Richard Bacon MP for South Norfolk and successful author of ‘Conundrum: Why every government gets things wrong and what we can do about it’ was the guest speaker at highly entertaining and informative ProgM event held in Central London.
Securing Richard’s attendance was a coup for ProgM. Merv Wyeth (ProgM Chair) confessed that the evening represented the culmination of months of stalking and some mild harassment to ensure the committee ‘got their man’.
Steve Wake, Chair of APM Board, introduced the evening with a personal story about the seminal Committee of Public Accounts, Eighth Report “The Proper Conduct of Public Business,” that had started him out on the road of earned value. This set the context for Richard to explain what, if anything, had changed in twenty years!
Richard did not ‘pull his punches’ and his early assessment of the consequences of failed major projects was uncompromising:
“Don’t be surprised, he told the assembled, if what you end up with:
• is a mess that is way behind schedule,
• damages your organization,
• traumatizes your staff,
• costs much more than it is supposed to,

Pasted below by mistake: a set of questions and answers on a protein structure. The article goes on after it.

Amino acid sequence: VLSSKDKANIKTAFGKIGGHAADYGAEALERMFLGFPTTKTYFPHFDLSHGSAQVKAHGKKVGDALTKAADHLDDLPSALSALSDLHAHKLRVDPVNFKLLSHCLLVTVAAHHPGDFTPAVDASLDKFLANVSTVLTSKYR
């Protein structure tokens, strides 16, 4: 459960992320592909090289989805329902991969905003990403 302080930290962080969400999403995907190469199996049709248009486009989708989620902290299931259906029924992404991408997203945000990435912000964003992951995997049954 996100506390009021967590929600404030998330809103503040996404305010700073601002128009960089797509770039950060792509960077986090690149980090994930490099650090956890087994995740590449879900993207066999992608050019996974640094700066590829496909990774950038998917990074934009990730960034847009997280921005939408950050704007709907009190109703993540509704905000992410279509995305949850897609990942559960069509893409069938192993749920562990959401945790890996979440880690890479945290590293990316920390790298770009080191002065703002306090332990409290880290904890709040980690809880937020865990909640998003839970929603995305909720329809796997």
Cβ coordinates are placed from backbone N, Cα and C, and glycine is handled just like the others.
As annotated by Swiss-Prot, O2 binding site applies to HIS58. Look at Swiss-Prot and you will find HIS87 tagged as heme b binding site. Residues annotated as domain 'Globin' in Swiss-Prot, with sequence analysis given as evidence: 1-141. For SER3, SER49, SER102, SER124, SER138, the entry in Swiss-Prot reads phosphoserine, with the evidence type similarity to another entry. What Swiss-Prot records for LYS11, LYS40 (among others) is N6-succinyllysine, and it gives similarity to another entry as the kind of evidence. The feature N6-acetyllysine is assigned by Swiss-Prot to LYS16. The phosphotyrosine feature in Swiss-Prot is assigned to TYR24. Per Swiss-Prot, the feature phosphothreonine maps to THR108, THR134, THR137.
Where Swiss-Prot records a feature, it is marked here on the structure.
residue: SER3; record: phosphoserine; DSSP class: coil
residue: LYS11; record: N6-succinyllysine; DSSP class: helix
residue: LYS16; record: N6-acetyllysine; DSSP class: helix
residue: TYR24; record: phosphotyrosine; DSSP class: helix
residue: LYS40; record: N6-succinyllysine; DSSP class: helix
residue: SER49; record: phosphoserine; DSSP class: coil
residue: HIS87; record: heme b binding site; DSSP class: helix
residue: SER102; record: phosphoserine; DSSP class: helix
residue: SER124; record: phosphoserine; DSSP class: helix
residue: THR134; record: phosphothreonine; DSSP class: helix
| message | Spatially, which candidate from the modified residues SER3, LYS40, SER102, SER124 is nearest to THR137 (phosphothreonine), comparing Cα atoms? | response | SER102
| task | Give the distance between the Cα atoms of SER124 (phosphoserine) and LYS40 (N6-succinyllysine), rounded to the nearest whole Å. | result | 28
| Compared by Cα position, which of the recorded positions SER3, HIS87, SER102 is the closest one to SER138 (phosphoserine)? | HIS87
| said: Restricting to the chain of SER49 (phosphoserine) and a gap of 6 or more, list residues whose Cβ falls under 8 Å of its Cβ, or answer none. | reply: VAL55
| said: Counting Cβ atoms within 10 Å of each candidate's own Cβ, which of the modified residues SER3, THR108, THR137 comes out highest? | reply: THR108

• and doesn’t work!
As a member of the highly influential House of Commons Public Accounts Committee Richard has been exposed to the full range of major project horror stories.
While Richard’s focus was on the really big projects that cost the most and carry the greatest risk, his advice is equally applicable to those smaller scale projects, that many of us have personal experience of, and, irritatingly, somehow have an uncanny habit of achieving a sub optimal outcome.
Richard’s assessment of the causes of failure reveals the same olde problems with which we are all familiar:
• very high staff turnover
• lack of information
• lack of knowledge about costs and sloppy financial management
• lack of key skills
• poor project management
• lack of procurement capability
• risk aversion and risk ignorance.
So why do we get it wrong, seemingly again and again?
Richard’s answer lies in human nature - “it’s behavior stupid’’ … Get this right and then we are on the way to successful delivery. Yet, and here is the ‘conundrum’, while senior managers handle and live comfortably with ambiguity successful project managers are programmed to nail down scope at the earliest possible stage.